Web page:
Failed Religious Diplomacy at the Birth of Israel

March 31, 2014 Topic: ReligionSociety Region: IsraelPalestinian territories

Failed Religious Diplomacy at the Birth of Israel

Well-meaning Protestant aid groups tried, and failed, to keep the peace in Jerusalem.

Events on the ground fast outstripped the ability of any party, much less the Quakers, to control them. The second wave of Palestine Arab flight was well underway in advance of the British withdrawal and the creation of Israel. Israel declared independence on May 14th and was invaded by Arab armies the next day. A truce that had been arranged on May 2nd collapsed on May 15th, and it would not be until June 11th that United Nations Mediator Folke Bernadotte was able to arrange another. Quaker intervention had failed utterly. But in June 1948 Rufus Jones died, leaving Clarence Pickett as the most famous American Quaker and fully in charge of the AFSC. This was to be a fateful turn.

THE AFSC’S RELIGIOUS DIPLOMACY IN 1948 and decision to participate in refugee relief must also be placed in the larger context of interdenominational Protestant politics in the aftermath of the Holocaust, and the broader influence of Protestant clergy, especially missionaries, on the course of American foreign policy. A few mainstream American Protestant leaders like Reinhold Niebuhr were favorable toward Zionism and the creation of Israel, in contrast to Roman Catholics who were vigorously opposed.But as noted earlier, those liberal American Protestant denominations with connections and institutions in the Holy Land and Jerusalem were also opposed to Israel.

For the Anglicans, the partition of Palestine was a theological and practical calamity. Their theology was firmly based on the idea that Judaism had been superseded and that Christians, particularly Anglicans and Episcopalians, comprised the “true Israelites” who would lead the redemption of the Holy Land in the name of Christianity. Anglican theology was rife with anti-Semitism, and regarded Judaism as a barbaric, antiquated, and inferior faith, while Zionism was seen as materialistic, hyper-nationalist, and vaguely Bolshevik. The Holy Land in general, and Jerusalem specifically, were regarded as unique spaces imbued with sanctity which should be dominated by no faith or denomination, although Anglicans, by virtue of their higher creed and universalist calling, were in the position to lead and guide others. Any division of Palestine was fundamentally unnatural, particularly if it benefited the Jews. This was a view shared by Western oil companies, the U.S. State Department and the Central Intelligence Agency, many of whose personnel came from Protestant missionary backgrounds.

Having been at the forefront of relief efforts for Armenian Christians before World War I and during the 1915 genocide and thereafter, Anglicans, as well as Congregationalists, who had built many of the American Protestant institutions in the Middle East, saw ominous parallels with the fate of Palestine Arab refugees. Anglicans also saw the church institutions and congregations they had carefully built in Palestine under British imperial control, and their nominal leadership of Palestinian Christianity, threatened by the political upheaval being forced on them, in their view, by the Jews.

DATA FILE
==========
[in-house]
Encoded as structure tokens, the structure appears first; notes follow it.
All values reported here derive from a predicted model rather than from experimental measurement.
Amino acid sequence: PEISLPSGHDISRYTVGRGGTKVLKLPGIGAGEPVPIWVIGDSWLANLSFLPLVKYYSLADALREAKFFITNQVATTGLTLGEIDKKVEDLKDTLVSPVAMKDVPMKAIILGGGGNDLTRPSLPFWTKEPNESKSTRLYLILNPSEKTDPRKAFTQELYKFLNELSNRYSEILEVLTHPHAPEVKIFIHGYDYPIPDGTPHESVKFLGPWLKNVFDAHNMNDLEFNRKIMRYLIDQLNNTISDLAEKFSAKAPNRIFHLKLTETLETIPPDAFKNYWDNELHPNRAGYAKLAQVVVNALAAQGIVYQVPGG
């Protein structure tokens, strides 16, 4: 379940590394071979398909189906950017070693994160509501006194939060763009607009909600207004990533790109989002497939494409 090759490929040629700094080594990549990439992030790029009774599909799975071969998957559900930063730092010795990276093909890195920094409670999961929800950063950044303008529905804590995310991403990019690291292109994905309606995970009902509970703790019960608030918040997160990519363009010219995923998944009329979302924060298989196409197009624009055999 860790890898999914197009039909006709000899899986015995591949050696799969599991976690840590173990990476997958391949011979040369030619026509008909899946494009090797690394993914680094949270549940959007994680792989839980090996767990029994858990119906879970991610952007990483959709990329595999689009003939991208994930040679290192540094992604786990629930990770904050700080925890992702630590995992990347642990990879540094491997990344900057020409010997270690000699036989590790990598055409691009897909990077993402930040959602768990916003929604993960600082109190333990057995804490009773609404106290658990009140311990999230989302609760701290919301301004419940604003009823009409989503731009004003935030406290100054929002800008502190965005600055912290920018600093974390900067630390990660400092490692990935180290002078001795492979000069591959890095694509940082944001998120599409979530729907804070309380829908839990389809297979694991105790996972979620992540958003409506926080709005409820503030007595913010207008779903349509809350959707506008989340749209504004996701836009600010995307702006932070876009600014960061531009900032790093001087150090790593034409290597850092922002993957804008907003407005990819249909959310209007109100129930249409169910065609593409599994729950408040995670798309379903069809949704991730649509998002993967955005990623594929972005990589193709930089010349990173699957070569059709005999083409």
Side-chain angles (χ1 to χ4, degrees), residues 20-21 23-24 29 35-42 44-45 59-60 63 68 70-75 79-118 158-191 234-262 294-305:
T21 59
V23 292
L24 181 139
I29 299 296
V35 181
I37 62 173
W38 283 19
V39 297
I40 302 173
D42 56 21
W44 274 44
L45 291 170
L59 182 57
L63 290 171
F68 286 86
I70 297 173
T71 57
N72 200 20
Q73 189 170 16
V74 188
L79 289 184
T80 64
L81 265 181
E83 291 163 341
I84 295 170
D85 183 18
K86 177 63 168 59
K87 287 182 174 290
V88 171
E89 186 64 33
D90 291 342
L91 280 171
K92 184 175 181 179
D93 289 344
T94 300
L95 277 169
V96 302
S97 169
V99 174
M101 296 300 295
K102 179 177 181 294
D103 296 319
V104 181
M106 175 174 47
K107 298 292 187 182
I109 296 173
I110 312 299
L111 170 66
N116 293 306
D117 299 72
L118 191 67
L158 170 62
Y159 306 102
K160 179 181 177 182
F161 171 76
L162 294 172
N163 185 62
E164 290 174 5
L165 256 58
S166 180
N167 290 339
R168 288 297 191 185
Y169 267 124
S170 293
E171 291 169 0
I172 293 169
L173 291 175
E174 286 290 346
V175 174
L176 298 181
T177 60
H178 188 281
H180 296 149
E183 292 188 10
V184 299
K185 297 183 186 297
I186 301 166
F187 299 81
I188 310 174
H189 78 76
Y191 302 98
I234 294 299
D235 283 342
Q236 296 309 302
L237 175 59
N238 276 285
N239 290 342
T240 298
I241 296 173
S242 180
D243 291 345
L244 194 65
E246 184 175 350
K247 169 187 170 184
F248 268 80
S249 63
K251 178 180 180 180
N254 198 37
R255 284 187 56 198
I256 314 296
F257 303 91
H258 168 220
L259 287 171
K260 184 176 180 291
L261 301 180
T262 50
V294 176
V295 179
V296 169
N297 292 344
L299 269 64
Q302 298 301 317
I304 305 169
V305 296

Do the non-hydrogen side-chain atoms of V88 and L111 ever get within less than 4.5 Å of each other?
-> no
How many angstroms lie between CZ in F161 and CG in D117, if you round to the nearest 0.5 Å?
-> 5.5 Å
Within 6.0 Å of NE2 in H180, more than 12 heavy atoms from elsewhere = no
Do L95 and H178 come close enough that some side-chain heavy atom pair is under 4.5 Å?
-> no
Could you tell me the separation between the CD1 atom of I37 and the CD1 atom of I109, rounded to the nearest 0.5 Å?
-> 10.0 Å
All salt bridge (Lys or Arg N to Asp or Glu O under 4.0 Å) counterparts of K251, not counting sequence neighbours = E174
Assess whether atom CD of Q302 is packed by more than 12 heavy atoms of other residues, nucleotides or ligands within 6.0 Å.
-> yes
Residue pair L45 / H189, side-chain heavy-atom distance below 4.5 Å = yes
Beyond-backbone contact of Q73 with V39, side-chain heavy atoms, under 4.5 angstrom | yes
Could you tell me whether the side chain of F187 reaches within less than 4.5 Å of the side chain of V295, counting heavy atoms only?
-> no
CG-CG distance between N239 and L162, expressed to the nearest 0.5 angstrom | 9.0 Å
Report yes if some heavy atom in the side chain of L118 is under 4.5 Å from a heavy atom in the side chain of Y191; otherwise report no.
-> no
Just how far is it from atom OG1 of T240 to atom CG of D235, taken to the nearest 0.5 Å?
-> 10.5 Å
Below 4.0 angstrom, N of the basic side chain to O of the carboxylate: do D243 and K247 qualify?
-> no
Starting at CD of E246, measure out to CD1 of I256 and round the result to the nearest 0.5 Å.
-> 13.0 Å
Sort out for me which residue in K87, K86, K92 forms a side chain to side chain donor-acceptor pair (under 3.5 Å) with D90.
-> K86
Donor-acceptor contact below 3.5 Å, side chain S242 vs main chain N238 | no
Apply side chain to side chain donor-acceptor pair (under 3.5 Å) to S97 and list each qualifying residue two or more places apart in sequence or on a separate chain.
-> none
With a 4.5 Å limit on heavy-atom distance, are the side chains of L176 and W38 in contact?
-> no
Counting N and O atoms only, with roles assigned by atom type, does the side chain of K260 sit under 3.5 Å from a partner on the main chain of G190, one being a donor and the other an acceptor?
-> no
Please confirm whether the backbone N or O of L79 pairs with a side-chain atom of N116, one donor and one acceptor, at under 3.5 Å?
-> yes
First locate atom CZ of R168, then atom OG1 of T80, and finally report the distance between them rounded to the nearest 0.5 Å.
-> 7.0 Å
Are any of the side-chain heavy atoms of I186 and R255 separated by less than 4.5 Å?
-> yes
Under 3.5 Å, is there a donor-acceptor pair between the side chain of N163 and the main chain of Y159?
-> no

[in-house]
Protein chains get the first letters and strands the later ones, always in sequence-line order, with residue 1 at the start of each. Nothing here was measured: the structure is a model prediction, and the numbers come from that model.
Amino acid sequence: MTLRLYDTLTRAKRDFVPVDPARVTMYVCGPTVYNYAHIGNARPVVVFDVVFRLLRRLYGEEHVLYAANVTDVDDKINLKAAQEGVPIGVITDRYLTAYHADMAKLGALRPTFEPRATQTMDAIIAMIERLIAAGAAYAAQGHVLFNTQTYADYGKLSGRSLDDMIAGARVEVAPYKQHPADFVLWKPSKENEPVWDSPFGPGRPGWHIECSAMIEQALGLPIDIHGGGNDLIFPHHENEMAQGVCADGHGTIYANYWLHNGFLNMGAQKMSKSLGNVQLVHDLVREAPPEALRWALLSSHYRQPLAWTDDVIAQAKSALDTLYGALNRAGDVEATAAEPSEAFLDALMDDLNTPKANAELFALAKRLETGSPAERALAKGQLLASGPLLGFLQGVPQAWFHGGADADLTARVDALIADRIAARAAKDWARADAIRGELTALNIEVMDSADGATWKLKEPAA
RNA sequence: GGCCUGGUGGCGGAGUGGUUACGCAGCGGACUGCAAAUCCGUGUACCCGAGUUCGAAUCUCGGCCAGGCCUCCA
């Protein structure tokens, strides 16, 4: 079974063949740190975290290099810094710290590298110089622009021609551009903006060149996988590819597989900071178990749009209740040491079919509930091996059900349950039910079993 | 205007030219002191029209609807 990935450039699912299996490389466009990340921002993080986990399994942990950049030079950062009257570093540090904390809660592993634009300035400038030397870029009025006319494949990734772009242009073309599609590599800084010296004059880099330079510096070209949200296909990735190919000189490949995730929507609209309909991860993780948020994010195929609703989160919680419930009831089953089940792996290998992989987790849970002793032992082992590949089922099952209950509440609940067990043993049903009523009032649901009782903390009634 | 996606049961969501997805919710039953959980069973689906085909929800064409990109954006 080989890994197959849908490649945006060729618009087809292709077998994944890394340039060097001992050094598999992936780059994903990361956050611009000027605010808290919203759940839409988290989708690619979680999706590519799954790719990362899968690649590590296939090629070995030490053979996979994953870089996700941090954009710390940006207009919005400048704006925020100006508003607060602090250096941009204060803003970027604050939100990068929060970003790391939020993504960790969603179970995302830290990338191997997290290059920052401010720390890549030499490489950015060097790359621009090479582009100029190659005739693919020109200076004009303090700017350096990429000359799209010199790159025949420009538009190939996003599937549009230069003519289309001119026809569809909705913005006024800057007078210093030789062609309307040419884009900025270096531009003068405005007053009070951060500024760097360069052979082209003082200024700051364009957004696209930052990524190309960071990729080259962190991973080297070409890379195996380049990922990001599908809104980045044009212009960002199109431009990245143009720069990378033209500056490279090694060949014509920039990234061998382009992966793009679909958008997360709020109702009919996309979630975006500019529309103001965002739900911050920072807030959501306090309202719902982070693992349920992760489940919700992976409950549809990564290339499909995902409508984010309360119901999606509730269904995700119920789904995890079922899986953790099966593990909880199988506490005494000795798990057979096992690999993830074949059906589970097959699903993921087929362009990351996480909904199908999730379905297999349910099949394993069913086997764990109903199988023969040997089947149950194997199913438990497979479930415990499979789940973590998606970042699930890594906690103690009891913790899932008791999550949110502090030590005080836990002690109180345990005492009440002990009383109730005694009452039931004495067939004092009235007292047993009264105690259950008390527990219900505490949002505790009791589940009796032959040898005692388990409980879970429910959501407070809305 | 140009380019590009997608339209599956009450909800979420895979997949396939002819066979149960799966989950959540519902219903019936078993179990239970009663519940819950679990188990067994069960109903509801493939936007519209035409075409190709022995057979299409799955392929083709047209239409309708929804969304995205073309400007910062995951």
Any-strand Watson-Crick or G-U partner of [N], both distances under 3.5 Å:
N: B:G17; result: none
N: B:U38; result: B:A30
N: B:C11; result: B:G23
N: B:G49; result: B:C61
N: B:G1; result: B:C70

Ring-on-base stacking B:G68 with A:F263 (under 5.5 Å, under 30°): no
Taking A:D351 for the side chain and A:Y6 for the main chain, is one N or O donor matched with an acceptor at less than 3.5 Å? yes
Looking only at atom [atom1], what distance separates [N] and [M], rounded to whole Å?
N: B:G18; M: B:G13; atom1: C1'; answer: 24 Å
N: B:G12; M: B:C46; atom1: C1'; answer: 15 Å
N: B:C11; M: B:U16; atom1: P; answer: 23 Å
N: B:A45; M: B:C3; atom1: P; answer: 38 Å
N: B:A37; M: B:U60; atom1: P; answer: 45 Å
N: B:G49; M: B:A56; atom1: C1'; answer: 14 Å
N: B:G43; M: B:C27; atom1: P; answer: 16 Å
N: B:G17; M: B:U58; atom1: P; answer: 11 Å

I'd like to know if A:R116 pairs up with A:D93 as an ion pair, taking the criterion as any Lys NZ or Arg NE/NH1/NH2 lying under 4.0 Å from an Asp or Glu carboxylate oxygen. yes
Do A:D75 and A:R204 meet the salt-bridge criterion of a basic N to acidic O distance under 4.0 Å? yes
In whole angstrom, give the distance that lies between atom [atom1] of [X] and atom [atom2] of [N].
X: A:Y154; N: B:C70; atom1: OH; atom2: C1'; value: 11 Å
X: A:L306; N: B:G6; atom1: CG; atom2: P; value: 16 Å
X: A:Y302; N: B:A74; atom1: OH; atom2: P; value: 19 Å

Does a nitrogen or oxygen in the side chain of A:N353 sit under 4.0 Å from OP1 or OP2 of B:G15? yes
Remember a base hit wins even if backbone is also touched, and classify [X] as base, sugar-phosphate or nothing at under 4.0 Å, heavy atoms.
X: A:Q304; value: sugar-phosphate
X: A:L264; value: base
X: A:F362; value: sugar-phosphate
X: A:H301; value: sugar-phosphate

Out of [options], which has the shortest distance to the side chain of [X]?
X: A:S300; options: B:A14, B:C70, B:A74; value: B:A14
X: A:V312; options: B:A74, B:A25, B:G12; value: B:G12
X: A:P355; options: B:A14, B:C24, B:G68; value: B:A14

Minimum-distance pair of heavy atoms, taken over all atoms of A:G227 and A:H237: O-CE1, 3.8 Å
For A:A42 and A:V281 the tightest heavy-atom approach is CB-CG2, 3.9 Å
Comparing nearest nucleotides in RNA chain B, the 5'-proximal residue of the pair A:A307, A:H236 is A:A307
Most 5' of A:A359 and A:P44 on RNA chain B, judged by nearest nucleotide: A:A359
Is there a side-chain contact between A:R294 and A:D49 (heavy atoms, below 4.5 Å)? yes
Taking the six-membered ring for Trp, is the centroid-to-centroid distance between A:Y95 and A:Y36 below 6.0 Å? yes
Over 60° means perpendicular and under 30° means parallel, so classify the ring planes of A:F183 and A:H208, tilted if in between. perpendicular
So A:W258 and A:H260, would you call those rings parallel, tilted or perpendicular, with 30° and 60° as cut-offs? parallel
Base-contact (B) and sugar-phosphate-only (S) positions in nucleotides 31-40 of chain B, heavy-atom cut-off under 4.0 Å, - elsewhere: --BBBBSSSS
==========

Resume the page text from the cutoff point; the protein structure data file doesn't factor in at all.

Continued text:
As an historic peace church, however, the Quakers and by extension the AFSC, were placed in a difficult situation by events in the Middle East. Quakers were fundamentally different than Anglicans, Episcopalians and Congregationalists with respect to elements of Christian theology, such as the inerrant nature of Scripture, sacraments, and the need for clergy. But they shared theological assumptions regarding Jews and Judaism with other Protestant denominations, such as supersessionism and millenarianism. The fundamental Quaker notion of the “inner light,” where the individual’s conscience was guided by the presence of God within, also held collectivist and exclusionary ideologies such as nationalism in disdain.

At the same time, the AFSC’s wartime experiences had indeed given them a unique relationship with American and, and in a different way, European Jews and Jewish institutions. The organization had also endorsed the 1947 Partition of Palestine, a move that was well-received by most American Jewish organizations but which put them at odds with other Protestants and with Quakers in Palestine. Squaring this circle would not be easy.

The AFSC had begun to assume a prominent voice in the American Protestant community, thanks both to their long work at refugee relief and rehabilitation and specific efforts during and after World War II to shape public and Protestant opinion. Among other things, the necessity to participate in the debate over the Middle East that was raging in American Protestant circles, and a quiet need for the leadership to try and compensate for the multiple failures of early 1948, appear to have driven the AFSC towards deeper involvement in Palestine Arab refugee relief.

Asaf Romirowsky is a Middle East historian. He holds a PhD in Middle East and Mediterranean Studies from King's College London, UK and has published widely on various aspects of the Arab-Israeli conflict and American foreign policy in the Middle East, as well as on Israeli and Zionist history. He lives in Philadelphia.

Alexander H. Joffe is an archaeologist and historian. He holds a PhD in Near Eastern Studies from the University of Arizona, USA and has published widely on topics in archaeology, ancient and modern history, and contemporary politics. He lives in New York.